Wild Florida Photo - Hymenocallis rotata

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Hymenocallis rotata

SPRING-RUN SPIDERLILY

STREAMBANK SPIDERLILY

Florida native

 

A frequent emersed plant of spring-run and adjacent lake margins in the central and north peninsula, plus Wakulla and Jefferson Counties. Also found in Baldwin County, Alabama.
Spring-run spiderlily has deciduous leaves, an ovary that is 15-30mm (~5/8 to 1-1/8 in.) long and 10-15mm (~4/10 to 5/8 in.) wide and a staminal cup that is 6cm (2-1/3 in.) wide or larger. The staminal cup (corona) is a membrane that connects the filaments and differentiates the genus Hymenocallis from the Crinum (Swamplilies) which lack this membrane.
The 3 to 9 leaves of Hymenocallis rotata arch upward or are nearly erect, coriaceous, strongly channeled and deep green with an acute apex. The strap-like leaves are 4-10dm (~16-39 in.) long and usually 2-5cm (3/4 - 2 in.) wide, sometimes slightly wider. The glaucous 2-edged scape is 3.5-7dm (14-28 in.) tall. Two to four flowers open at nearly the same time with a green perianth tube usually 9-12cm (3-1/2 - 4-3/4 in.) long, occasionally shorter. The white tepals are 9-14.5cm (3-1/2 - 5-3/4 in.) long, 7-15mm 93/10 - 6/10 in.) wide and extend nearly horizontally from the base of the corona, with a green stripe along the keel and at the base and apex. The corona (staminal cup) is white with a small yellowish-green proximal eye with two to three prominent lacerate projections along the margin between the filaments. Anthers are 1.5-2cm (~1/2 - 3/4 in.) long. Flowering time is late spring through early summer.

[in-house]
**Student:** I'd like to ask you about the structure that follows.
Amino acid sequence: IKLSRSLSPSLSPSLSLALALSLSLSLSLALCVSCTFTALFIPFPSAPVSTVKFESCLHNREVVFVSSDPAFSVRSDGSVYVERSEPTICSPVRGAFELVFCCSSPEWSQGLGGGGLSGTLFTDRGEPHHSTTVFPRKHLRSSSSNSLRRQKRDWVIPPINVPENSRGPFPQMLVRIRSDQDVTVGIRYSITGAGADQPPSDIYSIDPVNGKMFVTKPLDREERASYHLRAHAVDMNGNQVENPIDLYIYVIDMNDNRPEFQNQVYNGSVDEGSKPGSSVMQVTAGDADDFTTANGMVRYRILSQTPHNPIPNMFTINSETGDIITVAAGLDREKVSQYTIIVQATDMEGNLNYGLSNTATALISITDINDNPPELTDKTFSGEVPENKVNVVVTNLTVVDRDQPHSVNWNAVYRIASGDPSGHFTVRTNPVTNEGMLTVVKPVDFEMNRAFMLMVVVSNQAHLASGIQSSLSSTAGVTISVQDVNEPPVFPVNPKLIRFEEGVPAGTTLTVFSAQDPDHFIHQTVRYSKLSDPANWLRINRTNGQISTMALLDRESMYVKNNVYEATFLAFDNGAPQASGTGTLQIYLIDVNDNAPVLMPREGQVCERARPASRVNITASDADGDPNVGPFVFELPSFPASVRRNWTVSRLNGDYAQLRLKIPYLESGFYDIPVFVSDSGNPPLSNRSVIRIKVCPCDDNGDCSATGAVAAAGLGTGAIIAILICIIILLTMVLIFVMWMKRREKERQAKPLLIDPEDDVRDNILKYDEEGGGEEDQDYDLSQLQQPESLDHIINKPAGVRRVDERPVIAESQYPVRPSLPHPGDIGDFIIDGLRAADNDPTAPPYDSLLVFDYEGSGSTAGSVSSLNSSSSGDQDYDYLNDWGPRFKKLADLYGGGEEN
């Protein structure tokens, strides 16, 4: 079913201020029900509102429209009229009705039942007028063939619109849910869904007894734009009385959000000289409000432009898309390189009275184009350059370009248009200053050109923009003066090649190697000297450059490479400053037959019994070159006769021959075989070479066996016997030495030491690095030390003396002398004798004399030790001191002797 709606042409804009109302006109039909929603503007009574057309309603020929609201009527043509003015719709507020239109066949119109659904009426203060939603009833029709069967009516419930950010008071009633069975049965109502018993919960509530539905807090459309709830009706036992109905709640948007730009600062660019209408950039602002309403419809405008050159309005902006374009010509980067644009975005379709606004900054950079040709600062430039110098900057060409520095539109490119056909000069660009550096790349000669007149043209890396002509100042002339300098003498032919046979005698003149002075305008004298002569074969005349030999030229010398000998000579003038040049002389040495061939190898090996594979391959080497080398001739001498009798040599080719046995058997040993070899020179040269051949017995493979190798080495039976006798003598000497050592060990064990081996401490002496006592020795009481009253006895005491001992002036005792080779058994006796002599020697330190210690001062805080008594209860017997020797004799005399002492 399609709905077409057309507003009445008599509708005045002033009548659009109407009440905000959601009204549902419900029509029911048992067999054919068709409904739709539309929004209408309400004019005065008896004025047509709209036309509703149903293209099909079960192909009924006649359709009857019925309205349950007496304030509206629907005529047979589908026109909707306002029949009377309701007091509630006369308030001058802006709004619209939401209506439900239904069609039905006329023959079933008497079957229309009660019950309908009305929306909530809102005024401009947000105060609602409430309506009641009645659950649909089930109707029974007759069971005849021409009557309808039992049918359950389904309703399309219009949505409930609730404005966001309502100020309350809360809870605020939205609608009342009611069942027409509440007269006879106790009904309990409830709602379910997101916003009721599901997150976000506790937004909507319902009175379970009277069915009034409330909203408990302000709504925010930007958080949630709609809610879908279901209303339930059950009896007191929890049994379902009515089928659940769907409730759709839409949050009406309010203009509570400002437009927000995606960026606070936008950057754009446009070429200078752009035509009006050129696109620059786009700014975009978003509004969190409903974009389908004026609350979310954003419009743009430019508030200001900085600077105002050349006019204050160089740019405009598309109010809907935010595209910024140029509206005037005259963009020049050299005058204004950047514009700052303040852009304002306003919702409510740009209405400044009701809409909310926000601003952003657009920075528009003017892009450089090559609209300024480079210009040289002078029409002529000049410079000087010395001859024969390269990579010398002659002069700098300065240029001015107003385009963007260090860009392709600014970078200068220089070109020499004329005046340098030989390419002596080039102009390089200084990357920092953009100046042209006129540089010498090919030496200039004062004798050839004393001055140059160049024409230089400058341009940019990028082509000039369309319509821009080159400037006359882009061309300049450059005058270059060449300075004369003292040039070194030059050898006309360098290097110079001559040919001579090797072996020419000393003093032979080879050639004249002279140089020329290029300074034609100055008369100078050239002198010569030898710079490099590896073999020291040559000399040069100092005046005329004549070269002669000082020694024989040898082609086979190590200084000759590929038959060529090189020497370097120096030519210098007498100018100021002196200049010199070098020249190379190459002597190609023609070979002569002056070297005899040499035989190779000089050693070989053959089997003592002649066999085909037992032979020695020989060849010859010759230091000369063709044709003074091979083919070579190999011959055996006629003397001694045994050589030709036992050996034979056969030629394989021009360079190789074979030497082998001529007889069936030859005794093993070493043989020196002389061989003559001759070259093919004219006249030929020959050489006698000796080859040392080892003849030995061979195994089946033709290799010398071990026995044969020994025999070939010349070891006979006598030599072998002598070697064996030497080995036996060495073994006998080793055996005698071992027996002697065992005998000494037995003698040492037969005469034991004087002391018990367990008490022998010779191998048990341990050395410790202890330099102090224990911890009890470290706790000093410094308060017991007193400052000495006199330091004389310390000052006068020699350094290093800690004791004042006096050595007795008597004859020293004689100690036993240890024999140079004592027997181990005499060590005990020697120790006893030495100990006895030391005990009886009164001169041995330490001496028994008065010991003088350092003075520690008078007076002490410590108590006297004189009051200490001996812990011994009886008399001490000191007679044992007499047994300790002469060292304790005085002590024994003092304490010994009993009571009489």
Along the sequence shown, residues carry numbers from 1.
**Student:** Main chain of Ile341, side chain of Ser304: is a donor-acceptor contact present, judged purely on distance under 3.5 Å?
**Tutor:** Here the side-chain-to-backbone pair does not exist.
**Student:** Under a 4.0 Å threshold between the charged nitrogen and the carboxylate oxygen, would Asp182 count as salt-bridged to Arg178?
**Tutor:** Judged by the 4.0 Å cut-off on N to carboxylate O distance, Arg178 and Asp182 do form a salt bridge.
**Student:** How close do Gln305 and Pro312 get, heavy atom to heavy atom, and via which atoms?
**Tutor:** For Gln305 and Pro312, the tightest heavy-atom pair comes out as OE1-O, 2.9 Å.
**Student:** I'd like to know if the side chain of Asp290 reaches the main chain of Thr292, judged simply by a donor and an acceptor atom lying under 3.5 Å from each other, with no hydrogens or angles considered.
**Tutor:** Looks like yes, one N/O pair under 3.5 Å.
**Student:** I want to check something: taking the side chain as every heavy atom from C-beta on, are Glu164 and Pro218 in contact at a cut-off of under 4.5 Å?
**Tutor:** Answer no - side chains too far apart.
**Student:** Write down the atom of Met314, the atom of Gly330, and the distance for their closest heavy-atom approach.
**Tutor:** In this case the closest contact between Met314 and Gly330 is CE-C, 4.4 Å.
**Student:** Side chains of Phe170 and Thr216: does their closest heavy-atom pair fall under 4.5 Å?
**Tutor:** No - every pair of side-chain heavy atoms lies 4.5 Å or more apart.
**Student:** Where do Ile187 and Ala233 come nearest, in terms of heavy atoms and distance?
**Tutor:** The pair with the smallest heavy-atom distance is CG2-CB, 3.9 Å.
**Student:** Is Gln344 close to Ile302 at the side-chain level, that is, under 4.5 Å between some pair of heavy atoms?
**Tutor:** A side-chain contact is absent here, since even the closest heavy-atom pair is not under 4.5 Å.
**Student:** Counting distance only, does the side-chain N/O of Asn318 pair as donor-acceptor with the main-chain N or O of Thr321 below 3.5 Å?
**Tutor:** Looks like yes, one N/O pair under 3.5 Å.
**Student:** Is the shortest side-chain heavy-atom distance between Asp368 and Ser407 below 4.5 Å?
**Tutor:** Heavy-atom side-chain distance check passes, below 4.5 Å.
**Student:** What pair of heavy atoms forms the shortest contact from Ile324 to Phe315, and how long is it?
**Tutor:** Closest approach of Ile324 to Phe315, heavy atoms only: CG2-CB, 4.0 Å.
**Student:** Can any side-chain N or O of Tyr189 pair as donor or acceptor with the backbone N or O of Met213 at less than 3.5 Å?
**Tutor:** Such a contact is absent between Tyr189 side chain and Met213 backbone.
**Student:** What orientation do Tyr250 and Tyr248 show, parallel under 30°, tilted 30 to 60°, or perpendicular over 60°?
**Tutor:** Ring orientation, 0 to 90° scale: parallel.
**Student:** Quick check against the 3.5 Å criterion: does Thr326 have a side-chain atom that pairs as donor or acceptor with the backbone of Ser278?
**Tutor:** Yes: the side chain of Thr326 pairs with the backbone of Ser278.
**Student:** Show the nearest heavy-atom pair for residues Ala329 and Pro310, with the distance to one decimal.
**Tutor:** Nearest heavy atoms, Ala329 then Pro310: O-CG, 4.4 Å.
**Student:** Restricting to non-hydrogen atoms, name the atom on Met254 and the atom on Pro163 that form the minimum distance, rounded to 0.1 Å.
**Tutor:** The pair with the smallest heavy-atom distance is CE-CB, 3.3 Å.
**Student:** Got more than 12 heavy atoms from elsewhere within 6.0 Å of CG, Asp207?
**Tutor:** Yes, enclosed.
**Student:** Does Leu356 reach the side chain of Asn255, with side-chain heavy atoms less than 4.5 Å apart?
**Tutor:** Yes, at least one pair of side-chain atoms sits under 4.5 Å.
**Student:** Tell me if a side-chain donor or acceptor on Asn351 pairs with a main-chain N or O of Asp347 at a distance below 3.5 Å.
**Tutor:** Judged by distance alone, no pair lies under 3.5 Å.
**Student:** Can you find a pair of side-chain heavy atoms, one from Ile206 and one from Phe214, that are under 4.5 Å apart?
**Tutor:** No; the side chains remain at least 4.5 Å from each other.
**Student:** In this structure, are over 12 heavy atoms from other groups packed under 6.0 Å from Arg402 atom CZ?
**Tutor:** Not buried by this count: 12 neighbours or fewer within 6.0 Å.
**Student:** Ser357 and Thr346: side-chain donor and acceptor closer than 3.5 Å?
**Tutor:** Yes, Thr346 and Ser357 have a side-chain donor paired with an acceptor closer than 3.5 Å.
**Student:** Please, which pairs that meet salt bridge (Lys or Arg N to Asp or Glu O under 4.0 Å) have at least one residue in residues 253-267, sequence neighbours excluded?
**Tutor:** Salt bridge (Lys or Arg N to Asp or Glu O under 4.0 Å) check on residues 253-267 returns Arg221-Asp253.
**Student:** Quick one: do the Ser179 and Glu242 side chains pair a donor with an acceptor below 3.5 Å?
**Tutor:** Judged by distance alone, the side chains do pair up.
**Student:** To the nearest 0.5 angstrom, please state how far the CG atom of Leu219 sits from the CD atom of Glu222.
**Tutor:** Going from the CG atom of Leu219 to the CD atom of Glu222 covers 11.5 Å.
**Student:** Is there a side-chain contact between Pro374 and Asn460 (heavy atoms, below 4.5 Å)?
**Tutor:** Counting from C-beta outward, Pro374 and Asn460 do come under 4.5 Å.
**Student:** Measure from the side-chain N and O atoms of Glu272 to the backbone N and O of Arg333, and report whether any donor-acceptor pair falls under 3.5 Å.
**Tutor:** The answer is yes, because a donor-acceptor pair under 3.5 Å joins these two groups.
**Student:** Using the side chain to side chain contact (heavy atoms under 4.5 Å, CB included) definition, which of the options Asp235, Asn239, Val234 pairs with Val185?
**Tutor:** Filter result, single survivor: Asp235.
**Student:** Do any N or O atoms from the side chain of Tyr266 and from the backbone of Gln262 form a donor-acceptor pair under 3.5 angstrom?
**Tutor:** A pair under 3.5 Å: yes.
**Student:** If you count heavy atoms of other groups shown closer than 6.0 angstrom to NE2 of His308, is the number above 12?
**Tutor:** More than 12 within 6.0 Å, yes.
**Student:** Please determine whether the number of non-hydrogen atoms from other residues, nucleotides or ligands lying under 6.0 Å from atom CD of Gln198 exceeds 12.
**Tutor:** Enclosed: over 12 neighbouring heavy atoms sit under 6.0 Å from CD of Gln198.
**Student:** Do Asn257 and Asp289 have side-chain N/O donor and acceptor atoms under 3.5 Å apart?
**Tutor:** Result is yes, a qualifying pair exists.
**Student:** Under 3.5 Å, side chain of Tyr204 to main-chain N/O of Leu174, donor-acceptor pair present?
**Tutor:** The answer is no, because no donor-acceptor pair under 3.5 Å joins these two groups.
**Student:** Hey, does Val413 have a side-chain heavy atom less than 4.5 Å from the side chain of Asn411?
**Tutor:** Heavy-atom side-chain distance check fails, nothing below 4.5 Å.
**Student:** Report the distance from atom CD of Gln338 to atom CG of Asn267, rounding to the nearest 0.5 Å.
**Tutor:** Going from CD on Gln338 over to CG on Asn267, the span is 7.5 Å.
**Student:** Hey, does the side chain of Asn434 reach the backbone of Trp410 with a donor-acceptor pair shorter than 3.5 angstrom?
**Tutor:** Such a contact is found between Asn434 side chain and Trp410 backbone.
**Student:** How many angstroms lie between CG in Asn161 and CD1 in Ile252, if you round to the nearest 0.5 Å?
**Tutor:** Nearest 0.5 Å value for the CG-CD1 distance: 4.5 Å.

Hymenocallis rotata is a member of the Amaryllidaceae - Amaryllis family.

Other species of the Hymenocallis genus in the Wild Florida Photo database:
  View  Hymenocallis duvalensis - WHITESANDS SPIDERLILY
  View  Hymenocallis gholsonii - GHOLSON'S SPIDERLILY


Native Florida Plants

  Robert G. Haehle; Joan Brookwell
 Low Maintenance Landscaping and Gardening

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Native Florida Plants
Native landscapes are easier to maintain, use less water and thrive without chemical pesticides and fertilizers. Native Florida Plants describes every type of regional flora—-from seaside foliage and wildflowers to grassy meadows, shrubs, vines, and aquatic gardens—-in 301 profiles and accompanying color photographs.


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